Lambuzhao wrote: ↑
Thu 02 Aug 2018, 06:08
First, kudos to Sal. Extremely thoughtful response. I thoroughly grokked with that idea of "betweenness" encapsulated in the image of the Mona Lisa. Indeed, Sal!
No language, natural or constructed, that has any life in it is never really free of 'developmental hell'.
As with previous posts, I also endorse using one's conlangs to really get a feel how they run.
Maybe find a "Positive Thought for Every Day", "A Prayer for Every Day", "A Sutra for Every Day", "A Grook for Every Day", "A Hadith for Every Day" or "A Randy Limerick for Every Day" calendar, or whatever floats one's boat, and translate those
. Short translation exercises that will push one to fill in some unexplored nook or cranny of grammar &/or vocab can be utterly satisfying. Plus, it's something small that one can walk away from and know that one has in fact completed it.
I think a lot of frustration in conlanging is that we as conlangers learn so many things exponentially about language and linguistics, and even moreso thanks to fora like CBB and ZBB, that 'modern' conlangers feel this need to shoehorn so much into one
loanguage. IMHO one thing a lot of people miss about language-creation in general is that there rarely exists or has existed ONE of any language. For every language, there are often prestige and non-prestige, slang/argot, rural/urban, central/outlier dialects. And I don't mean multiplying the workload to fully flesh out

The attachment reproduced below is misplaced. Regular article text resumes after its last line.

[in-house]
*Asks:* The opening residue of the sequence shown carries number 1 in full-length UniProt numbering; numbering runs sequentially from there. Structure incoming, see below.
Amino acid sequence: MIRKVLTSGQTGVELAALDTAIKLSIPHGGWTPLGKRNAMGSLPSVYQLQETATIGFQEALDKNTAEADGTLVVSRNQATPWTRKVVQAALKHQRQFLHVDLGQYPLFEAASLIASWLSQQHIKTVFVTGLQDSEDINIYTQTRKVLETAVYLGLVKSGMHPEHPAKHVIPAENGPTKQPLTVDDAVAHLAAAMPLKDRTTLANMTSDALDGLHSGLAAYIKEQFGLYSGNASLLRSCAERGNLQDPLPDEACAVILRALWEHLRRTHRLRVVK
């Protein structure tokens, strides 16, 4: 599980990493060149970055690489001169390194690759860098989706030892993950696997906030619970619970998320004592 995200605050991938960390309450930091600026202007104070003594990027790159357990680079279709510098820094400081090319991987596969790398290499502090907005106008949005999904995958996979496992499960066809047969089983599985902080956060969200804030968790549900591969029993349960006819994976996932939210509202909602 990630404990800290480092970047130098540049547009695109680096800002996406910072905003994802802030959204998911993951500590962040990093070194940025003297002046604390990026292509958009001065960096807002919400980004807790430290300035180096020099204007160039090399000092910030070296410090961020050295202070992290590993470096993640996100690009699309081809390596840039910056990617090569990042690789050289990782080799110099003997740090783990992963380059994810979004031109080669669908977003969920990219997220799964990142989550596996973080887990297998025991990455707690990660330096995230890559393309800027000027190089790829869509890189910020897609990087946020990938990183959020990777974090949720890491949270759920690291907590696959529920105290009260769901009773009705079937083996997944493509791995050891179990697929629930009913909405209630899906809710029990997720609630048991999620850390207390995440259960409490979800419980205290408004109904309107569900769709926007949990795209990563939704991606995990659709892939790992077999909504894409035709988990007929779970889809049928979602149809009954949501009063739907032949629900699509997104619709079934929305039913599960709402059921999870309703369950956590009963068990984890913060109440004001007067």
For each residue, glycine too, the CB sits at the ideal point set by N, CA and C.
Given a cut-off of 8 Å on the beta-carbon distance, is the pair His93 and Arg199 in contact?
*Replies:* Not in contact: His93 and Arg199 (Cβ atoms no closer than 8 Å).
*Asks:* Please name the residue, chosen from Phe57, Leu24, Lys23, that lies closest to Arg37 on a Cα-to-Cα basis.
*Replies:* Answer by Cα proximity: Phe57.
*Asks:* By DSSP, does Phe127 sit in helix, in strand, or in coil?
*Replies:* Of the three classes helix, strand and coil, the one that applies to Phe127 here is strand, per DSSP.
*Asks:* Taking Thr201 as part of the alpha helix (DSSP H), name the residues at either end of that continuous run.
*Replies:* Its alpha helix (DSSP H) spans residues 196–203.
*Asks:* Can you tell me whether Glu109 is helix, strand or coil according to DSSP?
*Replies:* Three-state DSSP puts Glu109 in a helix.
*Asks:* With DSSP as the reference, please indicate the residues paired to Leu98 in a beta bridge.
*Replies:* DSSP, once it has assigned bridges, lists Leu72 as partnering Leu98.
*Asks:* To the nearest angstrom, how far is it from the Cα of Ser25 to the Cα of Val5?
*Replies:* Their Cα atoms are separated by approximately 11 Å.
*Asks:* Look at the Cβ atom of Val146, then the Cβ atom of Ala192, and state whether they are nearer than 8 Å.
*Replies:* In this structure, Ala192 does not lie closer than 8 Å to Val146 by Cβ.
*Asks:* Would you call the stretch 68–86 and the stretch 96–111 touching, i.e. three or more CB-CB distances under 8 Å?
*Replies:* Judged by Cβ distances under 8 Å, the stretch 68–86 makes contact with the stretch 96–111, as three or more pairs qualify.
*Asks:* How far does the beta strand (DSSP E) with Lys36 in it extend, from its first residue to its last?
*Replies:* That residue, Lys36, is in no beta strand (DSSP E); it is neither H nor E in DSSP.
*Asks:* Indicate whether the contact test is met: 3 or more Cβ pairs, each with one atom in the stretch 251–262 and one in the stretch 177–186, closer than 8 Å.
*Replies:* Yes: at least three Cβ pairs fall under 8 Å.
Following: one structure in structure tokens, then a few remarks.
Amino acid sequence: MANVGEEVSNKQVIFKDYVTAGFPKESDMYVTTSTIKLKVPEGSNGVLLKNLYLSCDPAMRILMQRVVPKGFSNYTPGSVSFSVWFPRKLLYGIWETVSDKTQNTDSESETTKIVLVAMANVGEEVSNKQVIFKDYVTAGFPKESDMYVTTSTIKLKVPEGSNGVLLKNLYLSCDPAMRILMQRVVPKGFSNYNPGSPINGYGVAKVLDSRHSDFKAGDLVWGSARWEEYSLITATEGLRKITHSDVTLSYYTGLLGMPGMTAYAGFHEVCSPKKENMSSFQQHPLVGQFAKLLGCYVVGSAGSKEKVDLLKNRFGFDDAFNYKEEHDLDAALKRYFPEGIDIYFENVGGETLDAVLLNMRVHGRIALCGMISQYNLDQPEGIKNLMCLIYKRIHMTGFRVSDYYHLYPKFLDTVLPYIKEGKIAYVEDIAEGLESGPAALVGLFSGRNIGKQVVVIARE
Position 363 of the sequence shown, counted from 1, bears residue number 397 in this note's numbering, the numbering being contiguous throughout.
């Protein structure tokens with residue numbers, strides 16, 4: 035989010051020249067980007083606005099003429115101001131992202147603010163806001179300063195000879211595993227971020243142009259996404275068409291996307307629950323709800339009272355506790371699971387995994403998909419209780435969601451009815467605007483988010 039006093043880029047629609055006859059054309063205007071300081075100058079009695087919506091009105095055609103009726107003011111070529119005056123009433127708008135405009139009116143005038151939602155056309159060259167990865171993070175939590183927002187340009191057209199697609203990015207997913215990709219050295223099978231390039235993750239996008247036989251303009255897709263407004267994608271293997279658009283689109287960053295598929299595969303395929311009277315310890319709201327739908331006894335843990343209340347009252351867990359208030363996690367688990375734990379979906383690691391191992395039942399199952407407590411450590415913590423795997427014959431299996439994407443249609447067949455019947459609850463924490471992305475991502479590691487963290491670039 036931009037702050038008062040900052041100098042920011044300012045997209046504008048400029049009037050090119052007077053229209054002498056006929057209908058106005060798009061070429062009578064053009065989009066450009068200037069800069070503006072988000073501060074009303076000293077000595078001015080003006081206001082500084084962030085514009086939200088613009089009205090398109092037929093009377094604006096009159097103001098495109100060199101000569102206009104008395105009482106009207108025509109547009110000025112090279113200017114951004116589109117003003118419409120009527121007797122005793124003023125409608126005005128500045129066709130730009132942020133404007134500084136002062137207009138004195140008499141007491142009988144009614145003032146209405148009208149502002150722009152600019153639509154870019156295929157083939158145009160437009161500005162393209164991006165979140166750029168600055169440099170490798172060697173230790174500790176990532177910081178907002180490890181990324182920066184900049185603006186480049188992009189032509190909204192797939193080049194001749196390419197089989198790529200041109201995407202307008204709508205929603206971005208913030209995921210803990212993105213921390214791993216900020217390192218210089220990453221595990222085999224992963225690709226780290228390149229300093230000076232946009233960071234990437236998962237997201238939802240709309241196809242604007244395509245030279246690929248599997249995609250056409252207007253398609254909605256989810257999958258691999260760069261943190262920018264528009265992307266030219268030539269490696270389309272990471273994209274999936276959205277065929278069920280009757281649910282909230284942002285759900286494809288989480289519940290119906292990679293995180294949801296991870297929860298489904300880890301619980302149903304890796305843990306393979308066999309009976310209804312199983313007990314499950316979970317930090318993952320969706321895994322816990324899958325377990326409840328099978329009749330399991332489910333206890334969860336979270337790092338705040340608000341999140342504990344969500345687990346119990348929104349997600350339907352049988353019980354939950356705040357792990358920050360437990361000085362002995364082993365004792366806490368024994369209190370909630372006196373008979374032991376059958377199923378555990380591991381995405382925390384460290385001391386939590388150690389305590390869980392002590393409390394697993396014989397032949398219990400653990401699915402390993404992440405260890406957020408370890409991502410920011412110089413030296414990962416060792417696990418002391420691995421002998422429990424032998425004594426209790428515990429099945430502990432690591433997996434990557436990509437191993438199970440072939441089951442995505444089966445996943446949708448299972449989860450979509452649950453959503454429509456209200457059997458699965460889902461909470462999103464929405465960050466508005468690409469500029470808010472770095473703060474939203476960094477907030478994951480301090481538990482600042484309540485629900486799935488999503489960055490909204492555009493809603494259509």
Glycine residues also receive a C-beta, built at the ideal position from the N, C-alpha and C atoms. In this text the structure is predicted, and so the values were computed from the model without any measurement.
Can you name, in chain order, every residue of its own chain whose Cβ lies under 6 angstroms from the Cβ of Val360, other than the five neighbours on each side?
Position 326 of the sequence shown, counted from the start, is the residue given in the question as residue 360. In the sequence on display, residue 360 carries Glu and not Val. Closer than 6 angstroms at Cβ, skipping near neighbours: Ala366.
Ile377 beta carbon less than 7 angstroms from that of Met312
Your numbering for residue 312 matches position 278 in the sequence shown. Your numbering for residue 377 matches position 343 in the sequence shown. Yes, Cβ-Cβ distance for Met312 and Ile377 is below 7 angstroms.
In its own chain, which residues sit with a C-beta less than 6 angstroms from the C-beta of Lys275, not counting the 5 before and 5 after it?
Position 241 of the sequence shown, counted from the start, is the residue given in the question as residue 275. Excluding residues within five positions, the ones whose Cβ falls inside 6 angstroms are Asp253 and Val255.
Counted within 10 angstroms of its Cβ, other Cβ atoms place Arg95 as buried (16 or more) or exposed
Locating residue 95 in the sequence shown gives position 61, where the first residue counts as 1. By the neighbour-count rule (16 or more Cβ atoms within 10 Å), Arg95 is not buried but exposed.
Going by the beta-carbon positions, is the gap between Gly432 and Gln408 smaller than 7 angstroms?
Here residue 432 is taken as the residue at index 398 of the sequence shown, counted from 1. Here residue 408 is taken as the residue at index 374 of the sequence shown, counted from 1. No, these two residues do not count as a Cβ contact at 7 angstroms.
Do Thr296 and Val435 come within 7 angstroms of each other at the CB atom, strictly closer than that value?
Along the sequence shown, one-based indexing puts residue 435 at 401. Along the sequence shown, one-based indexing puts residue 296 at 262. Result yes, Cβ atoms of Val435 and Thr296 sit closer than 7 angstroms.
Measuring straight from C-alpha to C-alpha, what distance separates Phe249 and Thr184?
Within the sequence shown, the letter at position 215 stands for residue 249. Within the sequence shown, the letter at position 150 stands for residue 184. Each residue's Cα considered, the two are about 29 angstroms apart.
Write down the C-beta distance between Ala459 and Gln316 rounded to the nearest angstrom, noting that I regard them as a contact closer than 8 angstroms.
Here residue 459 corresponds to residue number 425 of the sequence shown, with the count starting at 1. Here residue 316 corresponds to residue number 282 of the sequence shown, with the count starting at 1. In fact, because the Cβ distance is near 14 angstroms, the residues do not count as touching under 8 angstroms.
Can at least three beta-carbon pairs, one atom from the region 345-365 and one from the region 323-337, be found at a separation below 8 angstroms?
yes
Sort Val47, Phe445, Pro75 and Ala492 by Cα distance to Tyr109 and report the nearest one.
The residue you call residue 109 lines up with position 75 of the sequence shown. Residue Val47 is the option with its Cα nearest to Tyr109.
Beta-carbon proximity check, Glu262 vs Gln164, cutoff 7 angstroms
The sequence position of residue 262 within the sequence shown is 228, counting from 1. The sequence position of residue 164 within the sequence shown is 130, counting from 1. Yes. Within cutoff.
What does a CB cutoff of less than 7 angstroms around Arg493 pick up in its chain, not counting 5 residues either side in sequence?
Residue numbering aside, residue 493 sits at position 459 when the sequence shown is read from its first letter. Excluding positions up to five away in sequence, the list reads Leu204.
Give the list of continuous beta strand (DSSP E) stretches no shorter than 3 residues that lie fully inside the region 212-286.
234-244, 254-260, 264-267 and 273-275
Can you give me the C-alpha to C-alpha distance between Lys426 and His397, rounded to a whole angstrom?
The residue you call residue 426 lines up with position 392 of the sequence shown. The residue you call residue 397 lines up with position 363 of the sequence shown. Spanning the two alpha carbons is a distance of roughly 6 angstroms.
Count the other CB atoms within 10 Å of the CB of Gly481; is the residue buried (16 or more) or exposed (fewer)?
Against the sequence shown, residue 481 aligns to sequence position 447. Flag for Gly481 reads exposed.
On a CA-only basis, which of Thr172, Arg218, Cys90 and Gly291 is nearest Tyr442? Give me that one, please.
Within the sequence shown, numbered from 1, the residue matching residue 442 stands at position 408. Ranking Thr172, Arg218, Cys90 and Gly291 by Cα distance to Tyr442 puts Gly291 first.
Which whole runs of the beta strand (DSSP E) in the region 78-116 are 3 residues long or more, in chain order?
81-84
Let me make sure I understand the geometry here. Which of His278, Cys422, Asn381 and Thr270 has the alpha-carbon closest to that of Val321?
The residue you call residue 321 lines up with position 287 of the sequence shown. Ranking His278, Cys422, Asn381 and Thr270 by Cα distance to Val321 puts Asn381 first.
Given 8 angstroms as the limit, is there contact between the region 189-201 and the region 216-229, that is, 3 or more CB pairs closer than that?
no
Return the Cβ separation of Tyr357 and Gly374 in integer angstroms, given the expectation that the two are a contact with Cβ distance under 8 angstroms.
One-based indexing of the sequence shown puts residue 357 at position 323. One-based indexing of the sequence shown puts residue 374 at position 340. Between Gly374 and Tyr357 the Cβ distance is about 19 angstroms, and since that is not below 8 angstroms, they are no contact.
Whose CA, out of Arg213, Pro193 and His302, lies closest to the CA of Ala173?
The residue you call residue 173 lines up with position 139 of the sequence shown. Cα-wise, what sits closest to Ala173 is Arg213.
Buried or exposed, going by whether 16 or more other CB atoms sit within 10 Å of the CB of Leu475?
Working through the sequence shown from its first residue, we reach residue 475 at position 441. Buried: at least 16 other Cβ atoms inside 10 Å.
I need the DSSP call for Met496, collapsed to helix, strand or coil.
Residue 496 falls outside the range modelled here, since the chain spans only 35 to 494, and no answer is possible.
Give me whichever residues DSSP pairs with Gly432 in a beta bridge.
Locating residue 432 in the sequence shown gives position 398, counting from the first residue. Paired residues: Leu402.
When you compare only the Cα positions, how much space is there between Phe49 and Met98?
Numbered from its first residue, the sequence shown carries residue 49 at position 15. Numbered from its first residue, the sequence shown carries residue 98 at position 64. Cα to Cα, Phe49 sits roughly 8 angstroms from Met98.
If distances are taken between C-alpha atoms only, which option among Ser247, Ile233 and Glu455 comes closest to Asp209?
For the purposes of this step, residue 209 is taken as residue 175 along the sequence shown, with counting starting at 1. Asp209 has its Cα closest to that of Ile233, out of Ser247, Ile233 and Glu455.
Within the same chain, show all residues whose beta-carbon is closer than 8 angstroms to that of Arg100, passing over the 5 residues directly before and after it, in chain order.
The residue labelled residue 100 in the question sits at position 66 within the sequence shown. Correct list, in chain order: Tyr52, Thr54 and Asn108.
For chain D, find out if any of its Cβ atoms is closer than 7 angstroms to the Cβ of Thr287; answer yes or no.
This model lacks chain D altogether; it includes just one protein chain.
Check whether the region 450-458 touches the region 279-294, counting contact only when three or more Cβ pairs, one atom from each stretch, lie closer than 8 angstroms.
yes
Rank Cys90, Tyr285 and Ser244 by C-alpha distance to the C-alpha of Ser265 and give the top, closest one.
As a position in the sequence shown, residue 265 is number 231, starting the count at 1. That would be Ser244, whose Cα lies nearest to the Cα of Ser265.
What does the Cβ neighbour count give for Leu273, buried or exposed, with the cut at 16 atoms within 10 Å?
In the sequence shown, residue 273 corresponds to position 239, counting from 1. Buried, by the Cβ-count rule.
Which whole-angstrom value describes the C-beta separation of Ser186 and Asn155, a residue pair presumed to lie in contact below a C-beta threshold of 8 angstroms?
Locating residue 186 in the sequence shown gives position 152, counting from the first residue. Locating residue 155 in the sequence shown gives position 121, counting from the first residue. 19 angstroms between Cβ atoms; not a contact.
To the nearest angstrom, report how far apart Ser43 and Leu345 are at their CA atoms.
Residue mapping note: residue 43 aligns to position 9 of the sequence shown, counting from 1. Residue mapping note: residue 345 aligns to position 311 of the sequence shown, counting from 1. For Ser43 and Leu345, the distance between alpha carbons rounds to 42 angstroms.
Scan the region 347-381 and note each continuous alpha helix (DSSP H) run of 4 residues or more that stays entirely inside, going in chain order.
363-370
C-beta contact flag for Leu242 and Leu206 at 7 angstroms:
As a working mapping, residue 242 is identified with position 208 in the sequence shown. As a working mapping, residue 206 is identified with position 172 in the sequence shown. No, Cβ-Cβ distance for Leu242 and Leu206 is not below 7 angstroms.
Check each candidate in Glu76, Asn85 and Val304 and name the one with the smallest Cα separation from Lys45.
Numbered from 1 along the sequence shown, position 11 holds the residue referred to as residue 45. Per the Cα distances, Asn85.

entire grammars and vocabs and grimoires and chrestomathies of every mother-loving idiolect we whip up. Far from it.
Just an 'Other Mother's' world; just a few details, and the rest, like when walking away from Other Mother's house in Coraline
.And just like that, when you walk far enough away, you find that you have come right back (!)
For example, I have hints and some details for what would amount to 6 dialects of my conlang Sadraas. Are they fully fleshed out - heavens no! Who's got time for that? But every now and again, if I wanted to make a comparison, or make a
comparative Swadesh of cognates for these dialects, with some time and effort, I can do so. Enough rules are there to make it a not unprofitable exercise. The language I construct and use and call Sadraas is a prestige dialect on a continuum of dozens of dialects.
Like in Ælfwine's case, I would stop breaking my last arse (sorry to phrase it that way) over whether to nudge Mannish closer to a more Conservative Norwegian, or Folkspraakish, or whatever linguistic axis is bringing such glossopoetic angst. Why not let there be 2 dialects of Mannish? Scribble up some details/incunabulae/marginal notes about
each, and choose to proceed with one or the other.
Live and let live & the more the merrier, I say!